Troubling aspects of condemnation cases....
Commentators and reporters focusing on the Nevada land condemnation case are missing the big picture, one that is independent of a rancher's racist views and the merits of the state's case in this instance.
Condemnation's Big Picture:
First, the pertinent part of the Fifth Amendment of the U.S. Constitution: "No person shall ... be deprived of life, liberty, or property, without due process of law; nor shall private property be taken for public use without just compensation."
1. Forcible Eviction. People are being thrown out of their homes, a wrenching event in any case, but especially in those where the owner's family has lived on the property for generations. Often the government's reasons for doing so are not necessity (e.g., interstate highway right-of-way) but raw power politics (e.g., Green preservationist mania that protects rats & turtles, etc.), or collusion with big private interests, as was the case in the despicable Kelo v. New London (2005) Supreme Court case that led over 40 states to pass laws negating its impact. It hardly helps that friends of the politically connected may well see their property protected, while less connected owners face eviction.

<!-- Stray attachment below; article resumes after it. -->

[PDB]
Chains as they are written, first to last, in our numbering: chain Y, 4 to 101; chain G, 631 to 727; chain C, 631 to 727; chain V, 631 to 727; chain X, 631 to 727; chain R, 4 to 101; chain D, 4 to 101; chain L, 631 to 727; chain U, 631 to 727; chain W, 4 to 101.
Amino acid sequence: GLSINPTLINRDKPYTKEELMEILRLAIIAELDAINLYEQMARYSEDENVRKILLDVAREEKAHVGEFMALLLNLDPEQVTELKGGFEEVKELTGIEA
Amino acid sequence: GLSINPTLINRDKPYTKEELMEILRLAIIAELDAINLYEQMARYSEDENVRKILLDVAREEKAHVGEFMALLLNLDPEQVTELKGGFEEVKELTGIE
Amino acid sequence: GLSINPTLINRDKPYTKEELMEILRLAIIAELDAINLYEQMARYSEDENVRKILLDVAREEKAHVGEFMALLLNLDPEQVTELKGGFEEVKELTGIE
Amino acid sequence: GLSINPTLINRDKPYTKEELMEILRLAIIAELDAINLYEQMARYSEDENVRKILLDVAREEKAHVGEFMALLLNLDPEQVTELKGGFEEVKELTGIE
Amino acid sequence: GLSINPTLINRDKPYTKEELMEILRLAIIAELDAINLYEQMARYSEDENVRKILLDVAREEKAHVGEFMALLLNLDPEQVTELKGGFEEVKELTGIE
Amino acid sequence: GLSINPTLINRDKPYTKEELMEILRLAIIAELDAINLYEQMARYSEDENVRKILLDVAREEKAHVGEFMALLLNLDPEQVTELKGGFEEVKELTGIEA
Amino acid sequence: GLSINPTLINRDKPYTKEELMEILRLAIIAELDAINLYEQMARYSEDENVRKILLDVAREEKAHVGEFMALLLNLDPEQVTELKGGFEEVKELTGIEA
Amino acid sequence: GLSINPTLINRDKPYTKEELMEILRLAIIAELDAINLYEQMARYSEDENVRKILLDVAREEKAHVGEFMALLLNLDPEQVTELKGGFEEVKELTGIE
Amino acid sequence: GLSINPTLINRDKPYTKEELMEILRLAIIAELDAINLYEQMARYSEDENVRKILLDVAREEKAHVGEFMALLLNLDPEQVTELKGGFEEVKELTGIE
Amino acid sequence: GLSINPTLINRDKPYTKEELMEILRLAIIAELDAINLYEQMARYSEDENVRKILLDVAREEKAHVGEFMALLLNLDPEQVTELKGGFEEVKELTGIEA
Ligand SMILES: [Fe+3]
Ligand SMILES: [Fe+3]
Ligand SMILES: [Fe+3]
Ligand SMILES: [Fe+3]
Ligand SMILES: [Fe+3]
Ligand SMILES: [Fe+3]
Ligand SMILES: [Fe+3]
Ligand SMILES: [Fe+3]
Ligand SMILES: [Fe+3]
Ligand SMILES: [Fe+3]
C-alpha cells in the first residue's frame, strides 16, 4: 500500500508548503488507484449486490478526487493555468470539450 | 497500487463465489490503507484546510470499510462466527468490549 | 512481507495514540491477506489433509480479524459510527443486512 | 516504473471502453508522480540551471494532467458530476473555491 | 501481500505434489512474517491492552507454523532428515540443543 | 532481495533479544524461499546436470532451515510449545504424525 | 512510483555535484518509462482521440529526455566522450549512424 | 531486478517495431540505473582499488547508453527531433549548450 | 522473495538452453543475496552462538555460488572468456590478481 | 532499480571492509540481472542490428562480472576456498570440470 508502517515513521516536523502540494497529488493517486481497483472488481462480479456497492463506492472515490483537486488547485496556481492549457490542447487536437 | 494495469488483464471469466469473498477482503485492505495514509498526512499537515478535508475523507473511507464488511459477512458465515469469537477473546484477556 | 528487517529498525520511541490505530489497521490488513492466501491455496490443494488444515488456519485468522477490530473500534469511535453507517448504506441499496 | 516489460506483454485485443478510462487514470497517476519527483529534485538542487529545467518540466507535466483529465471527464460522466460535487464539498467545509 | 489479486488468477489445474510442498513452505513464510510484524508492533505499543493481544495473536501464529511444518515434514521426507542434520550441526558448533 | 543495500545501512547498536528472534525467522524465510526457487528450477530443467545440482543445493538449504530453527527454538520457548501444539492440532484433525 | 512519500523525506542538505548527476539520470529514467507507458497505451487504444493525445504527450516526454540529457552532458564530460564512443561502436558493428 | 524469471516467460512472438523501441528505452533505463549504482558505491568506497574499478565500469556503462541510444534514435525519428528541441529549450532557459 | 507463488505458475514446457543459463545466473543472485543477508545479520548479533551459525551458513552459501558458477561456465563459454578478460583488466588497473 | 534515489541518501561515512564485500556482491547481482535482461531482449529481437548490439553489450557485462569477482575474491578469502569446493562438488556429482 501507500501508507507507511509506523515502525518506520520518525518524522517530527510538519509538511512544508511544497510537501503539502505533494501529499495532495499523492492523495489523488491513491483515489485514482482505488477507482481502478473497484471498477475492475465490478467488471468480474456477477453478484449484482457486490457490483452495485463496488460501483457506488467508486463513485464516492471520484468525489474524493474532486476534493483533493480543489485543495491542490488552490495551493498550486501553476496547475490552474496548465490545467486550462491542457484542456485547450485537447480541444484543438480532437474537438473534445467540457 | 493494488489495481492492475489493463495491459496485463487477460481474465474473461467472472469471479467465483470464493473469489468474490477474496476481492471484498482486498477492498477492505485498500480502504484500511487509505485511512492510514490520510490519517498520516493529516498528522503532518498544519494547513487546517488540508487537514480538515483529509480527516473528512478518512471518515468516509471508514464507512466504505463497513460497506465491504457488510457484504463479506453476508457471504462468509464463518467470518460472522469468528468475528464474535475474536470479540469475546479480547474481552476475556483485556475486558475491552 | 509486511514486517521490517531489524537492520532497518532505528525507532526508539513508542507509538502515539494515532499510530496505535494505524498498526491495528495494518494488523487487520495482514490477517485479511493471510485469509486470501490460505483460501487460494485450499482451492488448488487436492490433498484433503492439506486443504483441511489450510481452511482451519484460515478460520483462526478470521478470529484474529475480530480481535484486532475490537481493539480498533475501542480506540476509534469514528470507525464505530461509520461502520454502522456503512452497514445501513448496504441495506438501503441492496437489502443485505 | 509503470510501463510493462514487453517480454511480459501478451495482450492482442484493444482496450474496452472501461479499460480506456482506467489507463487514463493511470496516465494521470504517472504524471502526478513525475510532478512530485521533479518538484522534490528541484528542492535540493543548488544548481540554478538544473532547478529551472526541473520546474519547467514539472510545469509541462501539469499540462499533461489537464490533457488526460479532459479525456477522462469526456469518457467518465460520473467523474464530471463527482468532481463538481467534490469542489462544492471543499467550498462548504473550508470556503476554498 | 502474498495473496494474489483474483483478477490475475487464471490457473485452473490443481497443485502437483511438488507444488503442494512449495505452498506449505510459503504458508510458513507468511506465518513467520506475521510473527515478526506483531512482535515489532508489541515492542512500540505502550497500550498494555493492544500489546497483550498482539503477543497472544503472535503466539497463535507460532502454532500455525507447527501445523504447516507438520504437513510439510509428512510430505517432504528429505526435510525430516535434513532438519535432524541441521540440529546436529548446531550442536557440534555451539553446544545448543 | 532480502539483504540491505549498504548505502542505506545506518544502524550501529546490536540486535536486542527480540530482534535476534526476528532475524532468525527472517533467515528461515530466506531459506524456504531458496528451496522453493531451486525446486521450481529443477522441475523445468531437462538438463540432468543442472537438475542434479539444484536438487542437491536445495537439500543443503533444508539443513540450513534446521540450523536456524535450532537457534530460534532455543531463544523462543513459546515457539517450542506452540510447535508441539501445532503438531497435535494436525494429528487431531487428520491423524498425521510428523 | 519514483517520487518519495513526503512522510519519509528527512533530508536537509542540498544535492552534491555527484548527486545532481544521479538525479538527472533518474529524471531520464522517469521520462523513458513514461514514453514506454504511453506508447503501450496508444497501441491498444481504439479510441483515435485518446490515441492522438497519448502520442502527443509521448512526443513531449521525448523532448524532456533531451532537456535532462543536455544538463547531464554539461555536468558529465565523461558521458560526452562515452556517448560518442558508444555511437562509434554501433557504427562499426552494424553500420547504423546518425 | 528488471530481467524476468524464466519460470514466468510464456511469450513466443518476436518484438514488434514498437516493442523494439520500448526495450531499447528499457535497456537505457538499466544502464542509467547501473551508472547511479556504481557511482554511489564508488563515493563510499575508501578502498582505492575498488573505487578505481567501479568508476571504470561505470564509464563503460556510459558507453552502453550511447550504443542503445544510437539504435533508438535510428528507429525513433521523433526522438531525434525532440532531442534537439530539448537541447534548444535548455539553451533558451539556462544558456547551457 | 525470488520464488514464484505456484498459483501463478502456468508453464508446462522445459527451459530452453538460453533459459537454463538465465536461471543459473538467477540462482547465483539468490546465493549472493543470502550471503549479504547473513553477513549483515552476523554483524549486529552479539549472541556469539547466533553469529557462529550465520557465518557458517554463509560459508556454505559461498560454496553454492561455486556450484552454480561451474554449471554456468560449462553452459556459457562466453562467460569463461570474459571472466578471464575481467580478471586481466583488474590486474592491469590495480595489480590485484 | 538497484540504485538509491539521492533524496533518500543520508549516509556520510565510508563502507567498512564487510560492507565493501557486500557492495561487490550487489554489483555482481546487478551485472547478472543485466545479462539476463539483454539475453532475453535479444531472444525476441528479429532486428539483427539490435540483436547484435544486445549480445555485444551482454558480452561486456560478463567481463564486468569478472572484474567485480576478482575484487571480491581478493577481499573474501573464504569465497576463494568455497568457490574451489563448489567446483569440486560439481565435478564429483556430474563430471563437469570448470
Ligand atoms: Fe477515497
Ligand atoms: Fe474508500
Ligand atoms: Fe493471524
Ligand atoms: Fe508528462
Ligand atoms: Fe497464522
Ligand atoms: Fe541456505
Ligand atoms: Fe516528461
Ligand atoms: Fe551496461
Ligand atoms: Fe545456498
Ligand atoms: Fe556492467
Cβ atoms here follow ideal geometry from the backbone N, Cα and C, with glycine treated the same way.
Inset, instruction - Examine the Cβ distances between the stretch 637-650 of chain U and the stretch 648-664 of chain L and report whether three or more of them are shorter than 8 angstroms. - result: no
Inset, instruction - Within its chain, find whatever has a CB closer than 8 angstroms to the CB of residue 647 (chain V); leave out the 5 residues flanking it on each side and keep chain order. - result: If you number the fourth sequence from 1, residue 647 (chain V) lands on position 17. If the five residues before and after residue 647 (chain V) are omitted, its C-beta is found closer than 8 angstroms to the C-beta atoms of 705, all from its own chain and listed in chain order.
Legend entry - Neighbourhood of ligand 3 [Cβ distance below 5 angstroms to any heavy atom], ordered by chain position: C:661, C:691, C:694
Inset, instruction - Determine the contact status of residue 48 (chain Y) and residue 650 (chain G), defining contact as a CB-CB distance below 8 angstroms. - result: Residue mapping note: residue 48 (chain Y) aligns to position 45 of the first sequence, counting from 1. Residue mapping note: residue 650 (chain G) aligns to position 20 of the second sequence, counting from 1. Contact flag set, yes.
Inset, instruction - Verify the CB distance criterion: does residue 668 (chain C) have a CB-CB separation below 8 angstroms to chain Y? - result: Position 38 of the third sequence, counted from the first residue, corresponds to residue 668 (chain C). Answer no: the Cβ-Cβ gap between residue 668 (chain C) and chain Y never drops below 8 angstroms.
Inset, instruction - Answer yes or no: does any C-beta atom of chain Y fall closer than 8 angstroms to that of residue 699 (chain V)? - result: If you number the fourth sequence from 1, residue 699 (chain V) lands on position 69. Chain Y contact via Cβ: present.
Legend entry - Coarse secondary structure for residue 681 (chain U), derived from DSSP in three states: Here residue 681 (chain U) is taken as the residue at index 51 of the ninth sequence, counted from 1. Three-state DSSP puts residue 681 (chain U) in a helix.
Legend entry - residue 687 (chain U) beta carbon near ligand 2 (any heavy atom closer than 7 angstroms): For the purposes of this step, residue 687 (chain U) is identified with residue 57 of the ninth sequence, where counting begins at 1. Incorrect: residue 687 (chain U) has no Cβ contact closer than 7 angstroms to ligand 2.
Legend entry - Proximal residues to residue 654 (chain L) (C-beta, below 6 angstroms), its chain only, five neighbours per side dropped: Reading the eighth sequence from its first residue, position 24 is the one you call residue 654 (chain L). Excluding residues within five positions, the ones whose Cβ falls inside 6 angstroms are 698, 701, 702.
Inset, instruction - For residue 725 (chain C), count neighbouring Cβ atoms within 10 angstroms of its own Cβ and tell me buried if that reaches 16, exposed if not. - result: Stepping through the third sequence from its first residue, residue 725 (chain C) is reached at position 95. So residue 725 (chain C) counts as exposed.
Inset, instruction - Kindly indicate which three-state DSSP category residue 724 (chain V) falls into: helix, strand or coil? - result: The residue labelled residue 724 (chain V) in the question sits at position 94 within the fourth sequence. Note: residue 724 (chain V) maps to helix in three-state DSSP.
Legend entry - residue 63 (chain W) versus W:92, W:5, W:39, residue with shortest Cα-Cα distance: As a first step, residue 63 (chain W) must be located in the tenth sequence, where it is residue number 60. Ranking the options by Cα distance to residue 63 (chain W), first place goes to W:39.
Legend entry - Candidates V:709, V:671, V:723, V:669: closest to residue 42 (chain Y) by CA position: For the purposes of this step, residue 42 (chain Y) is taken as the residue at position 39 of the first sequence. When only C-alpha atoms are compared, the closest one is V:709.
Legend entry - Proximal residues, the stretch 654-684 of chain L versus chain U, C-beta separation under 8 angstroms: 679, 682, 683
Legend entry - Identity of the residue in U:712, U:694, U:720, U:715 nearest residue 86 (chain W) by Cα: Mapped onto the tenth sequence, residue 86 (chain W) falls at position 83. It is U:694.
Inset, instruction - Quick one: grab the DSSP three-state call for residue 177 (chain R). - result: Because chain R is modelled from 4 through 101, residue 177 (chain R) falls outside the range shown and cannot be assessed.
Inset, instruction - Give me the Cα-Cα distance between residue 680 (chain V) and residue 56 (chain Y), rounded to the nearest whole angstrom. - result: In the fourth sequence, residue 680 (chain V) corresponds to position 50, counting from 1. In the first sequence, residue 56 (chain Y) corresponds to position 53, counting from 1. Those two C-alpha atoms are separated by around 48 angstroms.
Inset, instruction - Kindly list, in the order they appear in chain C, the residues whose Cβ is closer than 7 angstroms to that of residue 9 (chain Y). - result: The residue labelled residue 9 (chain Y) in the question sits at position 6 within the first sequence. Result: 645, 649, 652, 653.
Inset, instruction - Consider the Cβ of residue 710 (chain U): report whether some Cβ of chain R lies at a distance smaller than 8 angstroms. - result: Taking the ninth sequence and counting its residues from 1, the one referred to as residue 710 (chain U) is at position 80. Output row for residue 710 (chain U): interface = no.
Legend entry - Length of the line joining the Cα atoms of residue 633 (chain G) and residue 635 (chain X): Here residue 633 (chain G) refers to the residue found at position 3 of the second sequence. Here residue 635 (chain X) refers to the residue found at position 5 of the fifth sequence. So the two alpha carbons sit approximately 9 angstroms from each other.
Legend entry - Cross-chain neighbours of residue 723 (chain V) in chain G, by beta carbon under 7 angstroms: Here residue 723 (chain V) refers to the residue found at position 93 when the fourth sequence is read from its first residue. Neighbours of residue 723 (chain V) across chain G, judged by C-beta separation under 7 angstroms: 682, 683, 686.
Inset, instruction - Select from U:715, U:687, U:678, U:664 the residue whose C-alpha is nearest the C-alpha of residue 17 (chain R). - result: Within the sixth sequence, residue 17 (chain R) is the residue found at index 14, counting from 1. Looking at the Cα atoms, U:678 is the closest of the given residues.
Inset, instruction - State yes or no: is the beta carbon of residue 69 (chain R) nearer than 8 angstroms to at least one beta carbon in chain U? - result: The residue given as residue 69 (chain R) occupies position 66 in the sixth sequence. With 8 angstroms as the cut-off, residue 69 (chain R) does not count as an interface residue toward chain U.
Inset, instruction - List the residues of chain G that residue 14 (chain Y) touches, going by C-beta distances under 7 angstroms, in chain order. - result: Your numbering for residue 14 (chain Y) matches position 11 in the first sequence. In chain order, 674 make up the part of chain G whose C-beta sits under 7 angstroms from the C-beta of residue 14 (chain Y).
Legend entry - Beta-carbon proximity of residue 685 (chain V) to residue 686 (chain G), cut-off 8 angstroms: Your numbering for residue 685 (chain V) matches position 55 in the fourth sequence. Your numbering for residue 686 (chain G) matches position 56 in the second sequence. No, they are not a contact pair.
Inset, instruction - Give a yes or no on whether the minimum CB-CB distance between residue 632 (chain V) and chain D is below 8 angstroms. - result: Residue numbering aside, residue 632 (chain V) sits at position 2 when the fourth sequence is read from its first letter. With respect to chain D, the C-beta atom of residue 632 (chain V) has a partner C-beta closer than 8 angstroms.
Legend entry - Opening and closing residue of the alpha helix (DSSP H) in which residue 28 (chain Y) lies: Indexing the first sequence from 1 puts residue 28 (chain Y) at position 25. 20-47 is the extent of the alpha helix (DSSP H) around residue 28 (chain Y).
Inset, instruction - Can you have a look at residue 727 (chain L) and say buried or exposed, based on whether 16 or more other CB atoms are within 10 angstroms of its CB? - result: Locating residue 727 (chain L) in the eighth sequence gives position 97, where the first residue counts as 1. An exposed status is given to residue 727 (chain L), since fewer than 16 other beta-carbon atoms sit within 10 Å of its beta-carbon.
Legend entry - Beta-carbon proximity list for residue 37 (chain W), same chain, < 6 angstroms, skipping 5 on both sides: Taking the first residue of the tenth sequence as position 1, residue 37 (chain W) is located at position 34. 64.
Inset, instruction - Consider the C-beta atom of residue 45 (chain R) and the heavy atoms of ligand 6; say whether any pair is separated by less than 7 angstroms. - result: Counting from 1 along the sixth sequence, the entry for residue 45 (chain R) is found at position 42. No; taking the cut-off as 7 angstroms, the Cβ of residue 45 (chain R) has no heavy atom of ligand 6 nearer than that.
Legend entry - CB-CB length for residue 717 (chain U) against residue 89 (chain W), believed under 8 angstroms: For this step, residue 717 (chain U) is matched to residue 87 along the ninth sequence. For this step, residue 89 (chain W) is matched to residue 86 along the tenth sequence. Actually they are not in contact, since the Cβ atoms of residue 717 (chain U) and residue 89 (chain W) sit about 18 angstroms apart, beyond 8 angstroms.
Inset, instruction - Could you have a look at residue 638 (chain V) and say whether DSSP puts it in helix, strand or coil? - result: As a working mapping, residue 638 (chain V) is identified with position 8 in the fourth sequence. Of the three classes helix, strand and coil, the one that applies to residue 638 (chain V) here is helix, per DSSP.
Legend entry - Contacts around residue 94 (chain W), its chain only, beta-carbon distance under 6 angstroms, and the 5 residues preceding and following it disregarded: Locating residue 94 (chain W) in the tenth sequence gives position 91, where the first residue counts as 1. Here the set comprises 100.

2. Done Deals. The lower court judges who rule in these cases are often political hacks. They will do the administration's bidding all or nearly all the time. That the Nevada ranchers lost serial court cases does not convince me the rulings were genuinely free of political taint. Perhaps in this case they were, but I would not wager the family farm. Does anyone save partisan Democrats believe that the Harry Reids of the world appoint good judges to rule without favor?
3. Unjust Valuation. Governments have every incentive to underpay--i.e., pay less than fair market value. Few owners have the financial resources to put up a serious fight. No bureaucrat wins plaudits from the boss by being generous with compensation. Those bureaucrats owe their livelihood to the government agency that employs them, which does not encourage dispassionate appraisal.
Bottom Line. The decisions in many condemnation cases surely meet rudimentary requirements of due process, but such represents at most technical compliance with formalities. A look under the surface suggests that underneath the veneer of legal process often are ugly political realities.
There probably is little that can be done to prevent governments from using political purposes to justify taking land, nor can politicized judging be prevented. But steps can be taken to hold governments to a reasonable conception of fair market value.
Governments might offer fair market value for a rapid eviction, versus far less if the property owner litigates. More independent appraisals of property value could facilitate the process.
Letter from the Capitol, LFTC, Economy, Cosnervative Politics